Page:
It is just a week before state testing and to say I am overcome with a sense of urgency is an understatement. In fact I have come to loath the phrase “sense of urgency” since this seems to be my constant state.
This urgent, restless feeling that never seems to go away is not just about the test and making AYP, it is about the children who are still being underserved in our school. It is one thing to look at our past test scores and current benchmark test scores and analyze the data; it is another to look at the faces of the children these numbers represent.
I was in two classes recently where children were sitting idly while one teacher was working on her computer and another teacher was writing grades in a grade book. Brighton’s children cannot afford to lose instructional time. I do not know of many children who can, yet this continues to happen on a daily basis (in the same classes) at Brighton. I have concluded in this work you take baby steps forward, followed, at times, by a giant step backwards. This makes sustained change seem impossible.
On the other hand, I had a wonderful conversation with our reading coach, a classroom teacher, and a paraprofessional concerning one group of struggling fourth grade students who recently have made significant reading gains. The paraprofessional daily takes this group and pulls them a second time every afternoon to repeat the morning intervention lesson. As a result, these students are improving at a fast pace and it is such a joy to see the smiles on their faces. What a delight it was for me to give this paraprofessional a big thank you.
But I'm also thinking about what one of our district’s instructional support persons, who is coming out to teach two days a week in eighth grade, told me—how so many of our eighth graders are not able to read. My assuring her that future students will not be in this shape due to the changes in our K-5 program does nothing to help our exiting eighth grade students who have been so underserved. One of our most recent strategies to assist these students is to pull them from electives and put them with a teacher and a paraprofessional, and an individualized computer program. This is a test strategy, which we hope to continue for the remainder of the year, even though I strongly believe in providing our students with electives.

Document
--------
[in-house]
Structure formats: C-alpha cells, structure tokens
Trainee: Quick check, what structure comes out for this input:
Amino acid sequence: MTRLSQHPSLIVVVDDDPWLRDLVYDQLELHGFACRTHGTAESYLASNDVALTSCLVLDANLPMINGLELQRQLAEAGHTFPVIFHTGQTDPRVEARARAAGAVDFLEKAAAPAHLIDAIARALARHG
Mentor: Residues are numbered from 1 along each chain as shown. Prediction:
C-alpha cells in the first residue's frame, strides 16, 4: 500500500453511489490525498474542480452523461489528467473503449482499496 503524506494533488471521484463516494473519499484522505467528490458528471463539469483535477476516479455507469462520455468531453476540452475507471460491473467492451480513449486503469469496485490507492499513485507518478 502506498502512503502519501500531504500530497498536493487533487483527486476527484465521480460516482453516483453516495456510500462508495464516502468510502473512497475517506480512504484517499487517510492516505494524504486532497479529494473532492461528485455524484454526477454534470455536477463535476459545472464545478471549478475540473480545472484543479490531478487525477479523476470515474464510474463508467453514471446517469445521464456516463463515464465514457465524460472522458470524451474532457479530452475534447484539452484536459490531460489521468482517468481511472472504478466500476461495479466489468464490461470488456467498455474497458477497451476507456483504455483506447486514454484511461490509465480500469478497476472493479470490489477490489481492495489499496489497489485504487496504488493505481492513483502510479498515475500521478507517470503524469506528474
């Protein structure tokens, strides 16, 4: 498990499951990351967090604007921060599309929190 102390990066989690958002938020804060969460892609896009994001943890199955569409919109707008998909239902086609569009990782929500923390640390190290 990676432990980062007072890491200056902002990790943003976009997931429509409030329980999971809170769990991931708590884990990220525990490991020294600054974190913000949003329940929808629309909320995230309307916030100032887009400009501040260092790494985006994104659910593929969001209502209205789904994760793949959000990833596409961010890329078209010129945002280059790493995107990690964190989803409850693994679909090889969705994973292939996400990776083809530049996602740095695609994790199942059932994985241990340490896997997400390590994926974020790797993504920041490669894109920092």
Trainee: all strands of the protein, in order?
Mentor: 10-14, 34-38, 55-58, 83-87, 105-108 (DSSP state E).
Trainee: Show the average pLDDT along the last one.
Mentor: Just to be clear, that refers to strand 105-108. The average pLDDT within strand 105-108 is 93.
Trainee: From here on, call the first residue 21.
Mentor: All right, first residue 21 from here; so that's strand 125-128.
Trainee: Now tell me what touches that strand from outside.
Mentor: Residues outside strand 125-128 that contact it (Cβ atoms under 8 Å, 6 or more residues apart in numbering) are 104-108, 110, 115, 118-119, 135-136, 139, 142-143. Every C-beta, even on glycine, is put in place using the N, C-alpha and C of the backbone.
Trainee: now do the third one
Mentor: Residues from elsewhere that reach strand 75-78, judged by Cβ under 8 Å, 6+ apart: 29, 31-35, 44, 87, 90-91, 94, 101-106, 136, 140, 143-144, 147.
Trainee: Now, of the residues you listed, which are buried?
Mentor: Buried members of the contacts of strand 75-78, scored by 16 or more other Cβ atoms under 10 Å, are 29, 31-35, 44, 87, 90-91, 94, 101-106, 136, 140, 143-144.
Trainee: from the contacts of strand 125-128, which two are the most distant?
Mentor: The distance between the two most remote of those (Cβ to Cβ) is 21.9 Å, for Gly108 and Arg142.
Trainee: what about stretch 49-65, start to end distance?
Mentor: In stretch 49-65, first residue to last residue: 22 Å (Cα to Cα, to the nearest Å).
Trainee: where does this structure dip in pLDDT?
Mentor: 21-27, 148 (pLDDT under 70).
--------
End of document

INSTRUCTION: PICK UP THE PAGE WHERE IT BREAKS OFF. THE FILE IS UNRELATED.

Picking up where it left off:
If we make AYP this year, we will be out of school improvement for the first time in five straight years and two other years further in the past. This is important to our school, our community, and our district. Yet making AYP does not mean that all of Brighton’s children have received a quality education or that they have the ability to go on to become a high school graduate.
It's the faces that haunt me, not the numbers. I cannot let this go. I know this is making me become quite obsessed about the obligation of all educators—especially those who are accomplished—to help correct this wrong.